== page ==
Thankfully, Can I Just Say is the perfect pop culture podcast. Hosted by Daphne Olive and Elizabeth Stevens, the ladies have unique and stimulating conversations about everything from Star Wars (their newest podcast about The Last Jedi was very interesting) to novels and their various adaptations (their comments about Jane Eyre, Pride and Prejudice and Sense and Sensibility got me thinking) to a hand-picked selection of Baz Lurhmann films opened my eyes to his abilities as a filmmaker. They also host a podcast entitled Fathoms Deep: A Black Sails Podcast, an equally interesting podcast about the television series Black Sails.
When rewriting a classic novel for the modern age, it takes more than merely transplanting the narratives and characters from one era to another. It is the writer’s job to ensure that the emotions of both the characters and the reader is equally transplanted.
In the Sense and Sensibility reboot, Jane if Austin: A Novel, by Hillary Manton Lodge, the Woodward sisters Jane, Celia and Margot have dealt with quite a few upheavals in their lives. First their mother dies in a car accident. Then their father is accused of a business scandal. Jane and Celia must take care of themselves and Margot, who is a few years behind her elder sisters. A few years after they have rebuilt their lives, the upheaval happens again. When the rent is raised on their tea shop in San Francisco, the sisters find a new home in Austin.
While temporarily living with a cousin, the sisters have their fair share of issues with their love lives. Celia’s relationship with Teddy ended just before she and her sisters left for Austin. Jane is infatuated with Sean Willis, an up and coming musician. Meanwhile Captain Callum Beckett, a retired Marine is watching Jane from afar while dealing with his own past.
In terms of Jane Austen fanfiction, this one is well done and extremely enjoyable. While it was still Sense and Sensibility, I felt like the author was able to weave her own voice in the story as well.
*Warning: This post contains spoilers in regards to the narrative and characters from the novel Sense and Sensibility by Jane Austen. Read at your own risk if you have not read the book or seen any of the adaptations.
There is something to be said about a well written, human character. They leap off the page and speak to us as if they were right in front us, as flesh and blood human beings, instead of fictional creations.
In this series of weekly blog posts, I will examine character using the characters from Sense and Sensibility to explore how writers can create fully dimensional, human characters that audiences and readers can relate to.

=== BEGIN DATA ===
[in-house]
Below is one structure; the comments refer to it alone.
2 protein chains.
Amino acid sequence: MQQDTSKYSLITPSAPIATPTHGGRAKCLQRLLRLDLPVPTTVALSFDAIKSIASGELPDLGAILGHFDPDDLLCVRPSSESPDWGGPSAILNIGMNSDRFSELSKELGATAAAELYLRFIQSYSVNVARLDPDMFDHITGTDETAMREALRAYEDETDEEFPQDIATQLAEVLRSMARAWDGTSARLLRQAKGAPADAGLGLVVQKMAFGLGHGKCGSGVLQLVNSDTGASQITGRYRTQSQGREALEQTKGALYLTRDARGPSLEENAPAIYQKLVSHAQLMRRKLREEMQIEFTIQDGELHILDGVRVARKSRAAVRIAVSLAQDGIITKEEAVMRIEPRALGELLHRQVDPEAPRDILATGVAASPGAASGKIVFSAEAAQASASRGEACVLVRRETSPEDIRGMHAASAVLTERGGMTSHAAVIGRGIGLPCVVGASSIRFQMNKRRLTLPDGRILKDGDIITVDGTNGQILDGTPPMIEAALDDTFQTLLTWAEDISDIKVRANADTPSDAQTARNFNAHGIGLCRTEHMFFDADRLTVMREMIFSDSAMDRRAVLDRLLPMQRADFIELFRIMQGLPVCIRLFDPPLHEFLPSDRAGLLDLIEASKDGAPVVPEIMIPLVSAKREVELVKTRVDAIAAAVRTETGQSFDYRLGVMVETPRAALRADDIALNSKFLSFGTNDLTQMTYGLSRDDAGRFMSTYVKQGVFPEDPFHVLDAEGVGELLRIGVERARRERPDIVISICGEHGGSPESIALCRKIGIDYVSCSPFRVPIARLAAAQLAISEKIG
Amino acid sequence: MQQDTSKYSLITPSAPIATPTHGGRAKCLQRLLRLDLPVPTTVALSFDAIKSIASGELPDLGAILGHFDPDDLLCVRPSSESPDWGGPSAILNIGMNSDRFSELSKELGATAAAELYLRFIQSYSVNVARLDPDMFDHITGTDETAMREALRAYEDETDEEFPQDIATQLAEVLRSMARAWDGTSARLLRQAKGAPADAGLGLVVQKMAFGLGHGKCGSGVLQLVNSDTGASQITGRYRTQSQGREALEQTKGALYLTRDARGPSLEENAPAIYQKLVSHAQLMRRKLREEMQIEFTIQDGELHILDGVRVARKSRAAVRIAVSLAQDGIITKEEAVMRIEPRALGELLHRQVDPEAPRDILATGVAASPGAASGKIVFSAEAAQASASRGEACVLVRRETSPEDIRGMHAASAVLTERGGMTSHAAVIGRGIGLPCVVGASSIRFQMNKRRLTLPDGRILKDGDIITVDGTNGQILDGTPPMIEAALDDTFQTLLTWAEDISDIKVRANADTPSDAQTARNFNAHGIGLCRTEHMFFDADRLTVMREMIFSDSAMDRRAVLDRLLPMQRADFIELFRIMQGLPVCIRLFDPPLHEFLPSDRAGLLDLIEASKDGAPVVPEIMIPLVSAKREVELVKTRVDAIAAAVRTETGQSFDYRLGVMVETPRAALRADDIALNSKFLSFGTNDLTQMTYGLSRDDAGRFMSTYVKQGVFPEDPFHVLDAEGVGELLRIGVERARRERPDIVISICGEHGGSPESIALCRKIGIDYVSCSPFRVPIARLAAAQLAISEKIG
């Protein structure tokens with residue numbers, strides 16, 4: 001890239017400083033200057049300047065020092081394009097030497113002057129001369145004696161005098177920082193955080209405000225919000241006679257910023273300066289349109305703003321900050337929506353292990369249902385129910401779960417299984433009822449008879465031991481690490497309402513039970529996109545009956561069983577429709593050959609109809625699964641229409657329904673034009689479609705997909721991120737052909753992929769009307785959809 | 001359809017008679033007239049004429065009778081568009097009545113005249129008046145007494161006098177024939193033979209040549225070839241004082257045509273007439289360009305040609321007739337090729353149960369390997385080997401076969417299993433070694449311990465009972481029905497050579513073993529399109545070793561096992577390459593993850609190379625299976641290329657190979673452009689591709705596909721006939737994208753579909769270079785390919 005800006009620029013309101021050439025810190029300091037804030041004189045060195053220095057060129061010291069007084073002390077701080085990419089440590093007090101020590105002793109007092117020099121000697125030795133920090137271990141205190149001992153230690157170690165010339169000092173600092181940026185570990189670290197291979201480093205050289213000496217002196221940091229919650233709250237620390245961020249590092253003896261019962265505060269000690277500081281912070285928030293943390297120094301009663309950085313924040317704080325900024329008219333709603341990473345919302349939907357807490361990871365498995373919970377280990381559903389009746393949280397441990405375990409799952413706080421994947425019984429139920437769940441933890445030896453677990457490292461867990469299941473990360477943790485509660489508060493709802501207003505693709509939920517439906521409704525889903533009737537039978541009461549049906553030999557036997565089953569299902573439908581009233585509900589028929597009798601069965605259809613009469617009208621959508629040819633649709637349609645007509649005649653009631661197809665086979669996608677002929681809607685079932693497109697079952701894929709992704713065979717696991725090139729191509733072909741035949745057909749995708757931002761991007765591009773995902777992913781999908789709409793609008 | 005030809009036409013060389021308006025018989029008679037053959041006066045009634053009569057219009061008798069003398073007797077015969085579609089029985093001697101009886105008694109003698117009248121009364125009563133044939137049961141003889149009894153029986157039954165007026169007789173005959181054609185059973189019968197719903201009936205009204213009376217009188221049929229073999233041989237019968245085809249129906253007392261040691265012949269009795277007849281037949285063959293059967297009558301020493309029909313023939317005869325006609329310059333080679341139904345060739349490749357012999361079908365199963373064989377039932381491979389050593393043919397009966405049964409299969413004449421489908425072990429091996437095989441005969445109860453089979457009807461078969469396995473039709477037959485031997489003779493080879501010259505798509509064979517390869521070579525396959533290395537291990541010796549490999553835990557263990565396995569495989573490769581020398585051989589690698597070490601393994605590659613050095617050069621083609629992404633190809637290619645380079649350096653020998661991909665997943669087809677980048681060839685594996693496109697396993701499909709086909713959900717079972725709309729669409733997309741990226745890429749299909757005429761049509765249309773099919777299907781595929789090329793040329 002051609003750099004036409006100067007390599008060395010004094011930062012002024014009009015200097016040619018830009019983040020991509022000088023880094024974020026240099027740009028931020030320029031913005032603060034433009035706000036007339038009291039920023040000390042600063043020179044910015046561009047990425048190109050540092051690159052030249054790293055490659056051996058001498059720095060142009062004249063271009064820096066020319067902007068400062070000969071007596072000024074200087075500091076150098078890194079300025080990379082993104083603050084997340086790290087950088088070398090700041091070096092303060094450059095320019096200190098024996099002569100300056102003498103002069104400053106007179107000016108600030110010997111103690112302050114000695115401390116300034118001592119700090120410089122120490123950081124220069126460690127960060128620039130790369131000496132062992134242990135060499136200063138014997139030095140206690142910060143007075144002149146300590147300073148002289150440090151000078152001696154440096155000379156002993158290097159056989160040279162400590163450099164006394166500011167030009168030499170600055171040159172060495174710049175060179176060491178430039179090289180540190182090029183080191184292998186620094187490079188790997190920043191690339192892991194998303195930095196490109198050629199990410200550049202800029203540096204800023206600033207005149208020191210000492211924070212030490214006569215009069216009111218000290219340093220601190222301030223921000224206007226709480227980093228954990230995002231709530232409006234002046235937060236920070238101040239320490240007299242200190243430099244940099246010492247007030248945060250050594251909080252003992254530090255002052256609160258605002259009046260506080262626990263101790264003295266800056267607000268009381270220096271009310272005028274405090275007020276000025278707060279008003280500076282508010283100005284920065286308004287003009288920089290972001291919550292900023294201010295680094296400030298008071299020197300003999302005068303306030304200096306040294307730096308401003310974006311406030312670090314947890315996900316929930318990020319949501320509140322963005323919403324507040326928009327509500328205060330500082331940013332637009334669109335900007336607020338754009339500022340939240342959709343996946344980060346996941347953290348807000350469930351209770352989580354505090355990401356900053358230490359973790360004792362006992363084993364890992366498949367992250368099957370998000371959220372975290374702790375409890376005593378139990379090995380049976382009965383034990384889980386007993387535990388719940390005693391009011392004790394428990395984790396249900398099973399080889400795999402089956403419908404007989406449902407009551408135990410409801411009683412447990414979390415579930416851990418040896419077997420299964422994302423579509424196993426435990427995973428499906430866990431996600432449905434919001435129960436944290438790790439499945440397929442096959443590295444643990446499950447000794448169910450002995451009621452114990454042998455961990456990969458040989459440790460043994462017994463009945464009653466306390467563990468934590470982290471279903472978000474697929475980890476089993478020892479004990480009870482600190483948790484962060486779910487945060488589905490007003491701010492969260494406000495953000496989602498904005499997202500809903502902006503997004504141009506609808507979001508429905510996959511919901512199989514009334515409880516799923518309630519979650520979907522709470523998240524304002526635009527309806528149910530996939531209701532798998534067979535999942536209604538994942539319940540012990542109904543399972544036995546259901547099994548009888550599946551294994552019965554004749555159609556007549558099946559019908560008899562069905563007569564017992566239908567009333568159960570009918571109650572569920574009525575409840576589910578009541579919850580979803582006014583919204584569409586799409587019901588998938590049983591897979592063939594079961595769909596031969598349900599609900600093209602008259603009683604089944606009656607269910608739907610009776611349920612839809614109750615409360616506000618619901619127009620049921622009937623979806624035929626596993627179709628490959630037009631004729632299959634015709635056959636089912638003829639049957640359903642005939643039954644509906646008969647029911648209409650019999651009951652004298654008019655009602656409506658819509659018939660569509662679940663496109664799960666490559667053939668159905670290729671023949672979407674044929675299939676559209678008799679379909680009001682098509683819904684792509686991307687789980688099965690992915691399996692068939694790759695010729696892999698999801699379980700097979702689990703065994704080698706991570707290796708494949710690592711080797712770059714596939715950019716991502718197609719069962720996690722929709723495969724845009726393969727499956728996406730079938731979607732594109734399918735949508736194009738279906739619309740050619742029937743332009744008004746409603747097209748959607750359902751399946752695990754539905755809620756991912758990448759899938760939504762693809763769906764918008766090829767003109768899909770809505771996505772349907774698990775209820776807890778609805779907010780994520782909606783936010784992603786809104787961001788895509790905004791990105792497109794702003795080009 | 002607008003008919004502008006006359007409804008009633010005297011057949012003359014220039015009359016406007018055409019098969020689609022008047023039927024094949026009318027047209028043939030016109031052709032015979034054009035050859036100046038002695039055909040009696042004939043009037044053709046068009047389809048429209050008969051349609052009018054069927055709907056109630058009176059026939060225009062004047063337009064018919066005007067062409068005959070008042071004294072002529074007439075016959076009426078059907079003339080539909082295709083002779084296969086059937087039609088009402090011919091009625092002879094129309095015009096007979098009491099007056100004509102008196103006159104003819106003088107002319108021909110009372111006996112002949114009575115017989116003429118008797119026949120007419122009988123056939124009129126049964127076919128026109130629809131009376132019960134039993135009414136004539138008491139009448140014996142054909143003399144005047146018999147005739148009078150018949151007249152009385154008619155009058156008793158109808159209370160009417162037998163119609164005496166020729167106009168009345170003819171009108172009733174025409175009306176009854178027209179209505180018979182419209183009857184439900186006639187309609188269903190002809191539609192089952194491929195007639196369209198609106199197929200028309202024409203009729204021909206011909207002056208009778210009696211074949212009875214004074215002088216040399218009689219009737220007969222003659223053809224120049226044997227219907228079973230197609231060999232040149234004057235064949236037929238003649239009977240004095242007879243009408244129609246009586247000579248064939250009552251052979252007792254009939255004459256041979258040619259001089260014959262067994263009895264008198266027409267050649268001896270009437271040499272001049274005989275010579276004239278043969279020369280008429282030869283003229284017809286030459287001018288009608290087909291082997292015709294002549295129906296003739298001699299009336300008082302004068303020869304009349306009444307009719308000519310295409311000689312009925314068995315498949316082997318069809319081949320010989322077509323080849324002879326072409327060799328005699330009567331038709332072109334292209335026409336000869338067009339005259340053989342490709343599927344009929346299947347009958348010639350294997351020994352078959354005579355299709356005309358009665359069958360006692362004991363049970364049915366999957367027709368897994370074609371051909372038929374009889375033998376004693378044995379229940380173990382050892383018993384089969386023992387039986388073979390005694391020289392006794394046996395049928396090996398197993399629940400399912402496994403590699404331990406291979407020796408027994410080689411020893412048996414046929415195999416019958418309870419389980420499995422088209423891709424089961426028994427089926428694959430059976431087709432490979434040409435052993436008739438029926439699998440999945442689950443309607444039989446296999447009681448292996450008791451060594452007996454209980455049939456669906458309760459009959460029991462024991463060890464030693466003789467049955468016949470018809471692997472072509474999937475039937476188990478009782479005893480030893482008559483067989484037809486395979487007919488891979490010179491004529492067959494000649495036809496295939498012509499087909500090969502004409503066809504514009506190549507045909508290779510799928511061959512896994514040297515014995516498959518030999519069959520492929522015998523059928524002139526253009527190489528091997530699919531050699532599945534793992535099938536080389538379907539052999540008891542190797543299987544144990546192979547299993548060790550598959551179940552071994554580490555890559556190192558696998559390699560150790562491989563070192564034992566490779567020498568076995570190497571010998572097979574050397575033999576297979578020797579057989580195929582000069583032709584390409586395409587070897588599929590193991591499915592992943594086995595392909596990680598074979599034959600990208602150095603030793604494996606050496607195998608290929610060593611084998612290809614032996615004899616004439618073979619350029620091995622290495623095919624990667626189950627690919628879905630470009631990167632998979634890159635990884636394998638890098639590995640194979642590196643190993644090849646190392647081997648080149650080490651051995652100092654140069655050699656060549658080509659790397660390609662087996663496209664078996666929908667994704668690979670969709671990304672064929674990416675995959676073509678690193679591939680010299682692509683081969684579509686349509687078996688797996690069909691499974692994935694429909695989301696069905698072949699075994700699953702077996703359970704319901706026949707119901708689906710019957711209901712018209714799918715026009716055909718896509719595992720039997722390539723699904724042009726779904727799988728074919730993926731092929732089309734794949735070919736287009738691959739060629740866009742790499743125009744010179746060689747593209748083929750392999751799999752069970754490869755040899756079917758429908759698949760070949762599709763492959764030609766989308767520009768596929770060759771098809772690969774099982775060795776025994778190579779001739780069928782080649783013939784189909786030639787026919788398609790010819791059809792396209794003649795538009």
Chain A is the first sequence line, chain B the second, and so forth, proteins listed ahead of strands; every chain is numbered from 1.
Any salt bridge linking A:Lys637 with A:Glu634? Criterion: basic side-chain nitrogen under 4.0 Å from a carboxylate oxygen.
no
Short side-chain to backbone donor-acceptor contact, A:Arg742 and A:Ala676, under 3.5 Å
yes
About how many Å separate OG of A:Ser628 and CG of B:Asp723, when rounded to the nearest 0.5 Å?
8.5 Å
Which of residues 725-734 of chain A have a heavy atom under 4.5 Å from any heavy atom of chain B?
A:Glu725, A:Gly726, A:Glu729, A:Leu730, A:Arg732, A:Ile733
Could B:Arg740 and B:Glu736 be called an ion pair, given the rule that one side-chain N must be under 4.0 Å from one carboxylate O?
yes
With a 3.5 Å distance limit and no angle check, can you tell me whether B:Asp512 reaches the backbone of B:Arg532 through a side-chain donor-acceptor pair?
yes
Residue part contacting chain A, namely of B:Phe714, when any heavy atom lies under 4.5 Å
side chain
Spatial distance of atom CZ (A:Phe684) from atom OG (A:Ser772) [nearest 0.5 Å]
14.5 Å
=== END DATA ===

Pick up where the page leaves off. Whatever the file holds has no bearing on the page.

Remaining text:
Any writer worth their salt will tell you that conflict is one of the key components of any story, regardless of genre to or specific narrative. When written well, conflict is what keeps the reader/audience engaged. In the romance genre, conflict usually comes by way of something or someone who is keeping the would be lovers apart.
In Sense And Sensibility, that someone is Lucy Steele. The would be lovers she is keeping apart is Edward Ferrars and Elinor Dashwood. Lucy is introduced to Elinor and the audience about a third of the way into the story. Lucy is one of two sisters, who is related to the distant cousin who is leasing the Dashwoods a cottage on his property after the death of their father and husband.
Lucy has a secret and Elinor is the one she chooses to share her secret with. Lucy is secretly engaged. Her future husband is Edward Ferrars, a former pupil of her uncle. The engagement is a secret because of the status of Edward’s family. While Lucy tells Elinor of her secret engagement, only Elinor and the reader/audience is aware of the spark between Elinor and Edward.
To sum it up: In using Lucy to create a wedge between Edward and Elinor, Austen is upping the ante on the reader/audience. She is keeping them on the edge of the seat and not (at least yet anyway), answering the will they or won’t they question when it comes to Elinor and Edward. A good writer knows when and where to introduce conflict and if written properly, the conflict will keep the reader/audience going to the very end.